13. A method, comprising: above sea, attaching an end of an earth link wire to a housing of a subsea connector, the housing having an inner surface and an outer surface, the inner surface forming a passage, above sea, receiving a canted coil spring in a recess arranged on the inner surface of the housing, inserting a subsea cable into the passage, wherein when the subsea cable is arranged in the passage in the housing: the canted coil spring provides an electrical multi-point contact between an outer shielding layer of the subsea cable and the housing; and the inner surface, the recess, and the canted coil spring are configured to form an annular gap between the inner surface and the outer shielding layer of the subsea connector so that the inner surface and the outer shielding layer do not contact each other.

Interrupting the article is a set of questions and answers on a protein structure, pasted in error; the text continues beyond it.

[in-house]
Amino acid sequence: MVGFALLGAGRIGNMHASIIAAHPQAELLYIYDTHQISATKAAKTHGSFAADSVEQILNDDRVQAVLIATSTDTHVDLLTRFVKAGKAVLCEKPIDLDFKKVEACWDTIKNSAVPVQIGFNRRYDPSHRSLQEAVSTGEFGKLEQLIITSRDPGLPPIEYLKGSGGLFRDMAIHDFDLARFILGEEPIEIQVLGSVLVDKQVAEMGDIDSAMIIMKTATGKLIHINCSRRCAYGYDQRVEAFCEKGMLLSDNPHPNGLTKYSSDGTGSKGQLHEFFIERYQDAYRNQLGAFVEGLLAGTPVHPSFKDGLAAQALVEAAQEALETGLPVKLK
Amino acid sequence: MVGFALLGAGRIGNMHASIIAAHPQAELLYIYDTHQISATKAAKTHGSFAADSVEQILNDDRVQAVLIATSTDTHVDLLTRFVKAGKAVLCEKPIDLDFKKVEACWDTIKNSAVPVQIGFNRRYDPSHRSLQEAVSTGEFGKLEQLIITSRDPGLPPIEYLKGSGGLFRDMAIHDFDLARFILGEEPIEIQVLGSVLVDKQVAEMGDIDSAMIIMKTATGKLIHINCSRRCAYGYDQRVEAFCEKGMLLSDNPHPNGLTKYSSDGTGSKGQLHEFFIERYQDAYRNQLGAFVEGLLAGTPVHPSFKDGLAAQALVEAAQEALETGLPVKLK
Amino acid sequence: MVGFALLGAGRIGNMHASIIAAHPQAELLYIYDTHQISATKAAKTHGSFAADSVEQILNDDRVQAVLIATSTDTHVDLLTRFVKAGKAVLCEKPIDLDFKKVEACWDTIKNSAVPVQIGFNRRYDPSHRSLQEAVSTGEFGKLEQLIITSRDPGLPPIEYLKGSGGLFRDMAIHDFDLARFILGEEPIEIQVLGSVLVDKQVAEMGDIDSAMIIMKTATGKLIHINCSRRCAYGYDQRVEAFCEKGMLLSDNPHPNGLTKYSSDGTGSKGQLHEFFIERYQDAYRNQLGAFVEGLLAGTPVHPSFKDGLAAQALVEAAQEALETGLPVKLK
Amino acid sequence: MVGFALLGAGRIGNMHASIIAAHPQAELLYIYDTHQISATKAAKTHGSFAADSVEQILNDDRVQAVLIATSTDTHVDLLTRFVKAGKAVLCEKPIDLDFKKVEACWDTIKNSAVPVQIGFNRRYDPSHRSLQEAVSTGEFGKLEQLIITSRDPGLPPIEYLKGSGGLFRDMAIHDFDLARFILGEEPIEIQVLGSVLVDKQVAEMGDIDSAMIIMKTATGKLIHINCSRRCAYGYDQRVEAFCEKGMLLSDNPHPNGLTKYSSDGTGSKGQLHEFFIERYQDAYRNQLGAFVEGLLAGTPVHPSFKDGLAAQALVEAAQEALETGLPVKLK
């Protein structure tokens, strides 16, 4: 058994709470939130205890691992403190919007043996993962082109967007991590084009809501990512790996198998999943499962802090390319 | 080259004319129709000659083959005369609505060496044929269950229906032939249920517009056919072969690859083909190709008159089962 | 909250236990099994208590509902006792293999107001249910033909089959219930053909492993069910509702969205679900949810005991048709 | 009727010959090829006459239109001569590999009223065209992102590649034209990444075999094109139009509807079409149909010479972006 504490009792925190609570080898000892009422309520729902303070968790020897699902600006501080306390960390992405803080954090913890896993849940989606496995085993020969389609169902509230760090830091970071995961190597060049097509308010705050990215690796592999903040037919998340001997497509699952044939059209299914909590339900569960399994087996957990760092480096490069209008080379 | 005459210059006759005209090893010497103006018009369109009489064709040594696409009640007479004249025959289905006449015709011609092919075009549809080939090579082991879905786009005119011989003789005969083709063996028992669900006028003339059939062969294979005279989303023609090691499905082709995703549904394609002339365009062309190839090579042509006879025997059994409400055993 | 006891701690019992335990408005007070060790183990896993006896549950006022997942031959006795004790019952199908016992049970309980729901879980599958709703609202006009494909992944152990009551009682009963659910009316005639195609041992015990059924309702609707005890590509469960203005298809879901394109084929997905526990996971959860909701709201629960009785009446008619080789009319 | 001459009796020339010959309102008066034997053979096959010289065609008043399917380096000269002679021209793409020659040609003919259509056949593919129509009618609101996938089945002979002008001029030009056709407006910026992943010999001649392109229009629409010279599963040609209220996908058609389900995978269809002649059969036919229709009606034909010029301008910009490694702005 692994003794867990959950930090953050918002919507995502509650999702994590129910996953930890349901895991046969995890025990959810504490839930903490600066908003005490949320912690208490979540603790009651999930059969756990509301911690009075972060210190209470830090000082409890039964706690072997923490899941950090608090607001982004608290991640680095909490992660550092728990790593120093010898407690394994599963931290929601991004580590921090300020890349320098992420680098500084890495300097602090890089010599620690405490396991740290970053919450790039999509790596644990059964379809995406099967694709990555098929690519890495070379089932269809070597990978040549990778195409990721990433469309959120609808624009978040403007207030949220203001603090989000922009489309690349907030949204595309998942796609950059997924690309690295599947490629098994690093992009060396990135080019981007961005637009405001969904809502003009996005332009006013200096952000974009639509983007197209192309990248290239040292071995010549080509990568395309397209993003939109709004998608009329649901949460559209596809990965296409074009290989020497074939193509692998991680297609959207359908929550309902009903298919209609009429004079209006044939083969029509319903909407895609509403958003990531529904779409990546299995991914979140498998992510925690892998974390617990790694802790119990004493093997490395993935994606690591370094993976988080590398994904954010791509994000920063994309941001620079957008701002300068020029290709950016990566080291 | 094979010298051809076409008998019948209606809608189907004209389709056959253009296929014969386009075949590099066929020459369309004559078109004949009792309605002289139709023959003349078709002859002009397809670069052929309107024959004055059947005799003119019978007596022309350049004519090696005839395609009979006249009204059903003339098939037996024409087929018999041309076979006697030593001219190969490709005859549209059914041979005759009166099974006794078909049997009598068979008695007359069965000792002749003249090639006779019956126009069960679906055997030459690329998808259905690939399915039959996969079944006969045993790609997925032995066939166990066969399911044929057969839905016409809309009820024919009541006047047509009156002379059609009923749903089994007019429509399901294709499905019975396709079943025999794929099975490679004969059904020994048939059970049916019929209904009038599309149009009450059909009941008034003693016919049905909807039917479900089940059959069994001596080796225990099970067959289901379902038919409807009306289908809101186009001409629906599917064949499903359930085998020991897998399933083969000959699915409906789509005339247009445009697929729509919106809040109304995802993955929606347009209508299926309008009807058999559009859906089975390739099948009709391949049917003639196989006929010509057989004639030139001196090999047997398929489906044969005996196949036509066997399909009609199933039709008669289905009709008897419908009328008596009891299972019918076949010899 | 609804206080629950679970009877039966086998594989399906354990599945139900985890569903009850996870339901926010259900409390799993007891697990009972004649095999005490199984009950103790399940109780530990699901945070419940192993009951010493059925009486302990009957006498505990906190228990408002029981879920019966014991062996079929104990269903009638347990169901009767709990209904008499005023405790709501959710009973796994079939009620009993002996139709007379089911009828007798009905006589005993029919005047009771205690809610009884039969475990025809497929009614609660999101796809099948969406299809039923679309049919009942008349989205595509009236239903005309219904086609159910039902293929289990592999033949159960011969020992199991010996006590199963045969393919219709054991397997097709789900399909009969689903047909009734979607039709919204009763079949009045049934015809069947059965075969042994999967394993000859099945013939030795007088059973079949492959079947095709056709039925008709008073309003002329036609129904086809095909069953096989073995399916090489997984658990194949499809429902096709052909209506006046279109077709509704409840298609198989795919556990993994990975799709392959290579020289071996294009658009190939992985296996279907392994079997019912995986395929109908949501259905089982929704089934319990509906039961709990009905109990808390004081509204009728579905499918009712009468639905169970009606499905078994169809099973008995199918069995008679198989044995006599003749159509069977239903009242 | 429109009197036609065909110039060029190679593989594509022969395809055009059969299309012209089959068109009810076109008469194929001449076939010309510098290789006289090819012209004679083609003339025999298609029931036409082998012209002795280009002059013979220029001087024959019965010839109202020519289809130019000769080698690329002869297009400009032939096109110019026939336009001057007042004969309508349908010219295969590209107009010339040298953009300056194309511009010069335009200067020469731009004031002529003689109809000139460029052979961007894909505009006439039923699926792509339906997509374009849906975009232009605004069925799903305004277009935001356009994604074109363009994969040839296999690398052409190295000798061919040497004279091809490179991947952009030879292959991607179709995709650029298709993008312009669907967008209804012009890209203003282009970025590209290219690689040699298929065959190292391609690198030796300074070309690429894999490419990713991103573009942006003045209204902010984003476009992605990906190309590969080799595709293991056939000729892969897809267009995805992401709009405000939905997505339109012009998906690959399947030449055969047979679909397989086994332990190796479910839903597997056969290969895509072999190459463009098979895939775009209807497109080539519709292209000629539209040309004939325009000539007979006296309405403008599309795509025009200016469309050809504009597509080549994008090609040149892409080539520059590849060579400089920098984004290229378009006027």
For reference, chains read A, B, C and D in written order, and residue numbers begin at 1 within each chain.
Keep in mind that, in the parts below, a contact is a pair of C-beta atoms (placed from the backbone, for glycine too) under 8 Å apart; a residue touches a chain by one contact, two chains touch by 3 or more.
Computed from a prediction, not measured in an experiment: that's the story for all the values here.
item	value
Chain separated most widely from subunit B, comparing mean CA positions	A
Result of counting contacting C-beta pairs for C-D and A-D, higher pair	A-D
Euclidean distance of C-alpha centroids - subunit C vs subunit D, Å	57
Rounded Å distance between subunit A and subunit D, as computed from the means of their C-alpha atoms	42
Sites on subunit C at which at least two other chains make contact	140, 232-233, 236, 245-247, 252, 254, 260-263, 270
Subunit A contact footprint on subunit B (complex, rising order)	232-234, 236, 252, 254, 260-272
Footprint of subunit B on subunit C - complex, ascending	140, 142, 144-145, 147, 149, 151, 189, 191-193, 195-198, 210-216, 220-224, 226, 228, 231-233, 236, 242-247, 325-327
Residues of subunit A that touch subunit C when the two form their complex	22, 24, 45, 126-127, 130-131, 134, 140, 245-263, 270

14. The method of claim 13, wherein said inserting of the subsea cable into the passage is executed above sea.

15. The method of claim 13, further comprising: above sea, attaching a further end of the earth link wire to a ground.

16. The subsea connector of claim 5, wherein the housing comprises a circular shape and a protrusion, wherein the protrusion comprises a bore comprising the threading, and wherein an axis of the bore is parallel to an axis of the passage.

17. The subsea connector of claim 16, further comprising the earth link wire comprising an end configured to thread into the threading.